Organista v. Sessions et al

Filing 22

ORDER denying 3 Motion for Preliminary Injunction. Petitioner's Petition for Writ of Habeas Corpus (Doc. 1 ) is denied. IT IS FURTHER ORDERED that this action is dismissed and the Clerk of Court must enter judgment accordingly. Signed by Judge G Murray Snow on 02/08/2018. (KAS)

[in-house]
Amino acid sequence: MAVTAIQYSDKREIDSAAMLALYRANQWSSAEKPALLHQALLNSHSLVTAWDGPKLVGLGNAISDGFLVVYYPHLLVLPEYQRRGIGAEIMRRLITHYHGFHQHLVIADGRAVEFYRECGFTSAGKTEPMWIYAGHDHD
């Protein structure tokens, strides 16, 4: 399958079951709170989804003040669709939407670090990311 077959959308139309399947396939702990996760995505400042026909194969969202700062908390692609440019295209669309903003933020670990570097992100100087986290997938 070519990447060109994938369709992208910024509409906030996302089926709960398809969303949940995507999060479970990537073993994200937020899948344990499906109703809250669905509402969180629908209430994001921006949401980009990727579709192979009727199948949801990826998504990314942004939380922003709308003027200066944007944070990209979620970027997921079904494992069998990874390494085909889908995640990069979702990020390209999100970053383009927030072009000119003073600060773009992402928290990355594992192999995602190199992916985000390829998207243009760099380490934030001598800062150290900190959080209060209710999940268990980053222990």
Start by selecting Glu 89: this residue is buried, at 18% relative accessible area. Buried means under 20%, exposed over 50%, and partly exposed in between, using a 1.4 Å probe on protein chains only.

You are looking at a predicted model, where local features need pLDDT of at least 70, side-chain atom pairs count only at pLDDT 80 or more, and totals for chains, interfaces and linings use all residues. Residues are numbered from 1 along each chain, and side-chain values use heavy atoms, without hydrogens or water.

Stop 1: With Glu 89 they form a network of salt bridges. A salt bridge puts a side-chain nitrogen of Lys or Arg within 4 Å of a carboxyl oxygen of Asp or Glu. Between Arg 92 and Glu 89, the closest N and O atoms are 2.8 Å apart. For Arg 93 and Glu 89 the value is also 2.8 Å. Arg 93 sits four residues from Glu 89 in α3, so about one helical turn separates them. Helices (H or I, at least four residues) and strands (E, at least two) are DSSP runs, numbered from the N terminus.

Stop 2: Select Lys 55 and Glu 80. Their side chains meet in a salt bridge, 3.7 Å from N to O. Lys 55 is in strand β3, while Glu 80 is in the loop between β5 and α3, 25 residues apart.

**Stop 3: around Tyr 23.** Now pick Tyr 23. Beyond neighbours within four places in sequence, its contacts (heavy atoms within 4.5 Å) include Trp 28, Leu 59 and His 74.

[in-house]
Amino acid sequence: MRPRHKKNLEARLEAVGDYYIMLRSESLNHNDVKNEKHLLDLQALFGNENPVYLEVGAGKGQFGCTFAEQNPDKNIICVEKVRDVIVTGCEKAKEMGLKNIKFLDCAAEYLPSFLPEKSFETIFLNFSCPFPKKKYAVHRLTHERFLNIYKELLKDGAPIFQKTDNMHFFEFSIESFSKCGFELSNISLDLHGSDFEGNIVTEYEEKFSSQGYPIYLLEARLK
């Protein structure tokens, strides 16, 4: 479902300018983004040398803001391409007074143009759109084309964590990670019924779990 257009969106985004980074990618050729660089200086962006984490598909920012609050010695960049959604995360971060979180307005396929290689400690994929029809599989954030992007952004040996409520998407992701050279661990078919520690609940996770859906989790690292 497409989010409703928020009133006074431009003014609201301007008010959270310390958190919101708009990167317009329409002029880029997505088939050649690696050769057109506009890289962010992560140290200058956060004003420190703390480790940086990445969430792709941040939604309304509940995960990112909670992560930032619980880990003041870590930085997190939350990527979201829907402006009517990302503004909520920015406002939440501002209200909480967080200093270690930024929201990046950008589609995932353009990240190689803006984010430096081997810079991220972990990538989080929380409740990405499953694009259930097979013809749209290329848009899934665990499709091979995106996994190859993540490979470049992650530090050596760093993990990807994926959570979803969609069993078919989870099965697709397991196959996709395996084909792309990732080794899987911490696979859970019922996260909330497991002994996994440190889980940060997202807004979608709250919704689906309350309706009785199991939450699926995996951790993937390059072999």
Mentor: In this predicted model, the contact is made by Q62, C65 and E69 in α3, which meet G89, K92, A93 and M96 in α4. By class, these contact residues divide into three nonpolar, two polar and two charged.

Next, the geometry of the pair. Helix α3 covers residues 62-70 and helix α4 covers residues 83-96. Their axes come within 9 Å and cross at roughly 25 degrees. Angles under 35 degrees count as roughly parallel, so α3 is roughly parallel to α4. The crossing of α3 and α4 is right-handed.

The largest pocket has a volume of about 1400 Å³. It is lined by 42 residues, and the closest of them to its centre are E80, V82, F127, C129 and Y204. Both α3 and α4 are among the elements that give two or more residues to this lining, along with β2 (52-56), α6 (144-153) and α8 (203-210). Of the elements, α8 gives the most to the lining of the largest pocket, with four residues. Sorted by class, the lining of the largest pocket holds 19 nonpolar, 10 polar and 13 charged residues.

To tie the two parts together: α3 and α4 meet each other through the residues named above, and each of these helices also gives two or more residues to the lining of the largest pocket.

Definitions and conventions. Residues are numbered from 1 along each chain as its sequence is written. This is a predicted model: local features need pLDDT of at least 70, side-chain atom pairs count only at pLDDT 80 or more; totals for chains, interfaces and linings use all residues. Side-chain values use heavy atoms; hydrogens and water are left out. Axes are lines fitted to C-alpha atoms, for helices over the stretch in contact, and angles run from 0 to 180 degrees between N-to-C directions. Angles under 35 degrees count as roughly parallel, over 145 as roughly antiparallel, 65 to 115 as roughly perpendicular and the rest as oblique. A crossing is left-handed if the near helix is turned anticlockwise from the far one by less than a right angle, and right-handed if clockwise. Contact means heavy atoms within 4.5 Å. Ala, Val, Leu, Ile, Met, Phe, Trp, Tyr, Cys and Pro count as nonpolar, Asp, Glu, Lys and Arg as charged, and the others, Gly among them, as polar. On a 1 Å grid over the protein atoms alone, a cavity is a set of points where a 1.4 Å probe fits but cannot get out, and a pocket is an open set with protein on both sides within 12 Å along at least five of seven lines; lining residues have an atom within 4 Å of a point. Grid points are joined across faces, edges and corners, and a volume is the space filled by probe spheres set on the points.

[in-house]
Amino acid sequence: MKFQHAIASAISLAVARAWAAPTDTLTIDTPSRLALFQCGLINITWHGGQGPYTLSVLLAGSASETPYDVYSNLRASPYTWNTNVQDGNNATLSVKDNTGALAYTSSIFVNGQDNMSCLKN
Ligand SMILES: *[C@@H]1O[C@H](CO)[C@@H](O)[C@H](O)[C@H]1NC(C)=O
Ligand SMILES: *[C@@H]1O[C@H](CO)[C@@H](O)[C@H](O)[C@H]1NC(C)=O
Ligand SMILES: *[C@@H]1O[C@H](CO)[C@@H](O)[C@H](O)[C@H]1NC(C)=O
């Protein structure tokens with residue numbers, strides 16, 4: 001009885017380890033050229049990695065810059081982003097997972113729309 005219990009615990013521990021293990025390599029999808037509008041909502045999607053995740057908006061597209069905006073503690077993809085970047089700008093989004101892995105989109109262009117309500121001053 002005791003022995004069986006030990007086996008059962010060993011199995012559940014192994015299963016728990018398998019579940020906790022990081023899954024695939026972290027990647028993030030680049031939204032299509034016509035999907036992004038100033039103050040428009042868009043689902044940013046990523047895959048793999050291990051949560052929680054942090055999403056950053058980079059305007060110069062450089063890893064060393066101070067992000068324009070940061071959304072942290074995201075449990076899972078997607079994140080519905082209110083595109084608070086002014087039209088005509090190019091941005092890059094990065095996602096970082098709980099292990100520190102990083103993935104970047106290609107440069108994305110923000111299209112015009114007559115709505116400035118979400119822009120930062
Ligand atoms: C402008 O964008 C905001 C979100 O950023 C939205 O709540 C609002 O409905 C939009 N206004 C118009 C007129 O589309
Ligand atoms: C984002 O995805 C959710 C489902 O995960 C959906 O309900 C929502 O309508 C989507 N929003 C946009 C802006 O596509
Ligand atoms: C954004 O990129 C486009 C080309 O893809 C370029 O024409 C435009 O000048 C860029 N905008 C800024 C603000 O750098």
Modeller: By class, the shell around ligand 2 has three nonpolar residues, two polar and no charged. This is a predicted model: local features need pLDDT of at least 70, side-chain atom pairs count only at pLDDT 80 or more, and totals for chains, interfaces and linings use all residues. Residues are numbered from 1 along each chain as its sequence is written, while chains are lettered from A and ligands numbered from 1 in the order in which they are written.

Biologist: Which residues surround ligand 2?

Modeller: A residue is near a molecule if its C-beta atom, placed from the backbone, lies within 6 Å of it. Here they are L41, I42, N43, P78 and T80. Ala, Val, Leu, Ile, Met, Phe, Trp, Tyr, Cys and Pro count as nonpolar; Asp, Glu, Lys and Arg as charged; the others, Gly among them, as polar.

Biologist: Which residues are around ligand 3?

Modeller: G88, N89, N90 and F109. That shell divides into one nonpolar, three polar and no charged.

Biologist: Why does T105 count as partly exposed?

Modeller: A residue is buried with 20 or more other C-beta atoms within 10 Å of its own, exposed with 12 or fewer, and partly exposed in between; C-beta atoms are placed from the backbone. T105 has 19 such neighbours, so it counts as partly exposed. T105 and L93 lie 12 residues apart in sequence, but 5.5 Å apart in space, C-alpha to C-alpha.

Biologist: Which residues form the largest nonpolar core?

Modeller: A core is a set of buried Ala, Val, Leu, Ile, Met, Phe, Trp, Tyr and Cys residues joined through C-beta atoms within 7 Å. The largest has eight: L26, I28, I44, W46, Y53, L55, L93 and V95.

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1 WO 2 3 4 5 6 IN THE UNITED STATES DISTRICT COURT 7 FOR THE DISTRICT OF ARIZONA 8 9 Carlos Villalobos Organista, Petitioner, 10 11 ORDER v. 12 No. CV-18-00285-PHX-GMS (MHB) Jefferson B Sessions, III, et al., 13 Respondents. 14 15 16 Before the Court is Petitioner Carlos Villalobos Organista’s Motion for 17 Preliminary Injunction (Doc. 3). The Court heard oral argument on the motion on 18 February 8, 2018. After consideration of the parties’ briefs and their argument, the Court 19 denies the Motion. Further, pursuant to Rule 65(a)(2), because the Petition presents a 20 legal question that is fully briefed through the motion for injunctive relief, this Order 21 operates as an adjudication on the merits of the Petition. 22 I. Background 23 Petitioner is a native and citizen of Mexico. On July 5, 2016, Petitioner entered 24 the United States at the Nogales, Arizona port of entry as a nonimmigrant visa holder. 25 Petitioner’s authorized period of stay expired on January 4, 2017. On April 4, 2017, 26 Petitioner was taken into the custody of the United States Immigration and Customs 27 Enforcement (Doc. 1 at 6). Petitioner has applied for asylum, withholding of removal, 28 and protection under the Convention Against Torture. (Id. at 3.) 1 On November 22, 2017, Petitioner was afforded a custody redetermination hearing 2 before an Immigration Judge (IJ). The IJ granted Petitioner release upon payment of a 3 bond of $20,000. (Id. at 6.) Petitioner’s family attempted to post bond but was prevented 4 from doing so because the Department of Homeland Security (DHS) invoked the 5 automatic stay provision of 8 C.F.R. § 1003.19(i)(2), which allows the government to 6 stay an IJ’s order of release on bond where DHS initially determined the alien should not 7 be released and where the IJ later ordered a bond of $10,000 or more. (Id.) 8 Petitioner filed his first Petition for Writ of Habeas Corpus pursuant to 28 U.S.C. 9 § 2241 on December 20, 2017, challenging the automatic stay. The Court granted a 10 preliminary injunction and directed the government to release Petitioner in accordance 11 with IJ Phelps’s decision and order dated November 22, 2017. The government complied 12 and Petitioner was released from custody on December 28, 2017. That same day, the 13 government sought a discretionary stay from the BIA under § 1003.19(i)(1), and it was 14 granted on December 29, 2017. Petitioner was redetained and he remains in custody. 15 II. Motion for Preliminary Injunction 16 A. 17 “‘[A] preliminary injunction is an extraordinary and drastic remedy, one that 18 should not be granted unless the movant, by a clear showing, carries the burden of 19 persuasion.’” Mazurek v. Armstrong, 520 U.S. 968, 972 (1997) (per curiam) (quoting 20 11A C. Wright, A. Miller, & M. Kane, Federal Practice and Procedure § 2948, pp. 129- 21 130 (2d ed. 1995)). To obtain a preliminary injunction, the moving party must show 22 “that he is likely to succeed on the merits, that he is likely to suffer irreparable harm in 23 the absence of preliminary relief, that the balance of equities tips in his favor, and that an 24 injunction is in the public interest.” Winter v. Natural Resources Def. Council, Inc., 555 25 U.S. 7, 20 (2008); Am. Trucking Ass’n, Inc. v. City of Los Angeles, 559 F.3d 1046, 1052 26 (9th Cir. 2009). Standard 27 The Ninth Circuit’s “serious questions” version of the sliding scale test for 28 preliminary injunctions remains viable after the Supreme Court’s decision in Winter. -2- 1 Alliance for the Wild Rockies v. Cottrell 632 F. 3d 1127, 1134 (9th Cir. 2011). Under 2 that test, a preliminary injunction is appropriate when a plaintiff demonstrates that 3 “‘serious questions going to the merits were raised and the balance of hardships tips 4 sharply in the plaintiff’s favor.’” Id. at 1134-35 (quoting Lands Council v. McNair, 537 5 F.3d 981, 987 (9th Cir. 2008) (en banc)). The movant must also satisfy the other two 6 Winter factors—likelihood of irreparable harm and that an injunction is in the public 7 interest. Id. With respect to the irreparable harm prong, Winter specifically rejected the 8 Ninth Circuit’s “possibility of irreparable injury” standard. Stormans, Inc. v. Selecky, 9 586 F.3d 1109, 1127 (9th Cir. 2009). Under Winter, a party seeking preliminary relief 10 must “demonstrate that irreparable injury is likely in the absence of an injunction.” 11 Winter, 555 U.S. at 22. The Court explained that “[i]ssuing a preliminary injunction 12 based only on a possibility of irreparable harm is inconsistent with our characterization of 13 injunctive relief as an extraordinary remedy that may only be awarded upon a clear 14 showing that the plaintiff is entitled to such relief.” Id. 15 B. 16 Petitioner remains detained under 8 U.S.C. § 1226(a). Likelihood of Success on the Merits His now nine month 17 detention has thus been prolonged as that term is defined by the precedents in this Circuit 18 and in the United States Supreme Court. In November 2017, Petitioner sought and 19 received a custody redetermination hearing before an IJ pursuant to Rodriguez v. Robbins 20 (Rodriguez III), 804 F.3d 1060, 1087 (9th Cir. 2015), which requires that after an 21 individual has been detained under 8 U.S.C. § 1226(a) for more than six months, the 22 government must produce “clear and convincing evidence that the non-citizen is a flight 23 risk or a danger to the community.” Id. Further, after a detention has become prolonged, 24 continuing detention determinations must be made by a neutral decsionmaker. Rodriguez 25 III, 804 F.3d at 1069 (quoting Diouf v. Napolitano (Diouf II), 634 F.3d 1081, 1091-92 26 (9th Cir. 2011)). At Petitioner’s hearing, the IJ heard the evidence, and set bond at 27 $20,000, but the government invoked an automatic stay of that decision pending appeal 28 to the BIA. The constitutional defect addressed in Petitioner’s first § 2241 Petition was -3- 1 that the government’s invocation of an automatic stay of the IJ’s bond determination 2 deprived Petitioner of a hearing before a neutral decisionmaker. As a result, in its Order 3 on Petitioner’s motion for preliminary injunction, the Court noted the existence of 4 § 1003.19(i)(1), pursuant to which the government could seek a discretionary stay from 5 the BIA—a neutral decisionmaker—of the IJ’s bond determination (2:17cv4719, Doc. 13 6 at 5). 7 The government sought and received that discretionary stay. The problem 8 Petitioner alleges in the instant petition, is that he did not receive notice and an 9 opportunity to be heard prior to the request for emergency stay being granted. Thus, in 10 this case, the Court must answer a different question: whether the BIA’s ex parte issuance 11 of a discretionary stay pursuant to § 1003.19(i)(1) violates due process. The Court notes 12 the dearth of authority on this provision and observes that the only case to evaluate a due 13 process challenge to the discretionary stay provision involves a situation where the 14 petitioner was given the opportunity to be heard; as a result, the court determined that due 15 process was not offended. See, e.g., El-Dessouki v. Cangemi, 2006 WL 2727191, at *2 16 (D. Minn. Sept. 22, 2006). 17 As a general matter, the Court must evaluate the discretionary stay process under 18 the factors set forth in Mathews v. Eldridge, 424 U.S. 319, 333 (1976), to determine 19 “whether a pre-deprivation hearing is required and what specific procedures must be 20 employed at that hearing given the particularities of the deprivation.” Shinault v. Hawks, 21 782 F.3d 1053, 1057 (9th Cir. 2015). The factors are: “(1) the private interest affected; 22 (2) the risk of erroneous deprivation through the procedures used, and the value of 23 additional procedural safeguards; and (3) the government’s interest, including the 24 burdens of additional procedural requirements.” Id. “By weighing these concerns, courts 25 can determine whether a State has met the fundamental requirement of due process—the 26 opportunity to be heard at a meaningful time and in a meaningful manner.” City of Los 27 Angeles v. David, 538 U.S. 715, 717 (2003) (internal quotations omitted). 28 With respect to the first factor, there is no meaningful dispute that Petitioner has a -4- 1 liberty interest in being heard before the BIA can prolong his detention. 2 As for the second factor, the risk of an erroneous deprivation, the record is clear 3 that there are no formal procedures that establish the framework for responding to a 4 discretionary stay request (Doc. 13 at 12). 5 information presented to the BIA was misleading and inaccurate and contributed to the 6 BIA’s decision to enter the discretionary stay. But it is not contested that DHS informed 7 Petitioner’s counsel of its stay request and provided them with a copy of that request. 8 Emails to Petitioner’s removal proceedings counsel reflect that he was notified and 9 provided a copy of the motion for discretionary stay on December 28, 2017 at 3:13 p.m., 10 and responded confirming receipt of the motion at 3:27 p.m. (Doc. 14-28 at 5-6). There 11 is nothing in the record suggesting that Petitioner’s counsel attempted to contact the BIA 12 request an opportunity to file a response before the BIA issued the discretionary stay on 13 December 29. Nor at any time thereafter has Petitioner filed a request for reconsideration 14 or pointed out to the BIA that it should have the opportunity to be heard either prior to or 15 within close temporal proximity to DHS’s request for the emergency stay. Therefore, 16 while Court has little difficulty concluding that the risk of prolonged detention is 17 heightened when a petitioner is not provided an opportunity to respond to the 18 government’s submission, it is not clear that is what happened here. And here, Petitioner alleges that the 19 Finally, in considering the third factor, the government alleges that exigency 20 justifies a rapid decision on its request for discretionary stay because this detainee is 21 wealthy and is the subject of Mexican and Interpol arrest warrants. The government thus 22 claims, he was likely to abscond soon after he had been freed on bond and while a 23 discretionary stay request was pending. Petitioner hotly contests these assertions of the 24 government and even whether the likelihood of appearance is an appropriate basis on 25 which to base a stay request. Petitioner does not dispute, however, that the BIA is the 26 appropriate party to make these initial determinations on the merits. 27 What Petitioner does dispute, of course, is that he has been afforded no 28 opportunity by the BIA to be heard in conjunction with the decision. That, however, is -5- 1 far from clear. It is true that the BIA has no codified procedures in place providing set 2 times for responses to requests for emergency discretionary stays. But, Petitioner’s 3 removal counsel was provided advance notice by the DHS of its request for discretionary 4 stay. He could have then, and he still could now, file a motion to reopen or a motion for 5 reconsideration of the BIA’s discretionary stay. Yet, Petitioner made no attempt to 6 contact the BIA to facilitate filing a response to the government’s motion prior to the 7 issuance of the stay. 8 Nor has he availed himself of any possible post-deprivation remedy, which under 9 the circumstances may have been sufficient to provide Petitioner an opportunity to make 10 the record clear regarding any misstatements presented in the government’s request for a 11 discretionary stay. While a pre-deprivation opportunity to respond to a request for a 12 discretionary stay would be the best method of ensuring due process, the inquiry does not 13 end there. Due process “is a flexible concept that varies with the particular situation.” 14 Shinault v. Hawks, 782 F.3d 1053, 1057 (9th Cir. 2015) (internal quotations omitted). 15 The Court must therefore consider whether a post-deprivation remedy—like a motion for 16 reconsideration or a motion to reopen—would nevertheless satisfy due process. Most 17 cases finding due process satisfied by post-deprivation remedies are property loss cases 18 based on the impracticability of a pre-deprivation hearing in instances of random and 19 unauthorized official behavior in which, by definition, no pre-deprivation hearing can be 20 provided. 21 involving liberty interests. See Ellis v. Hamilton, 669 F.2d 510, 515 (7th Cir. 1982) 22 (seizure by county officials of adopted children not a due process violation in view of 23 availability of various post-seizure remedies). There are cases, however, extending post-deprivation remedies to cases 24 Based on the totality of the circumstances, and the recognition that the touchstone 25 of due process is the “opportunity to be heard at a meaningful time and in a meaningful 26 manner,” City of Los Angeles, 538 U.S. at 717, the Court finds Petitioner has not 27 established a likelihood of success on the merits of his due process claim his motion for 28 injunctive relief is therefore denied. -6- 1 Pursuant to Federal Rule of Civil Procedure 65(a)(2), because the Petition presents 2 a legal question that is fully briefed though the motion for injunctive relief, this Order 3 operates as an adjudication on the merits of the Petition. 4 5 6 7 8 9 10 IT IS THEREFORE ORDERED that Petitioner’s Motion for Preliminary Injunction (Doc. 3) is denied. IT IS FURTHER ORDERED that Petitioner’s Petition for Writ of Habeas Corpus (Doc. 1) is denied. IT IS FURTHER ORDERED that this action is dismissed and the Clerk of Court must enter judgment accordingly. Dated this 8th day of February, 2018. 11 12 13 Honorable G. Murray Snow United States District Judge 14 15 16 17 18 19 20 21 22 23 24 25 26 27 28 -7-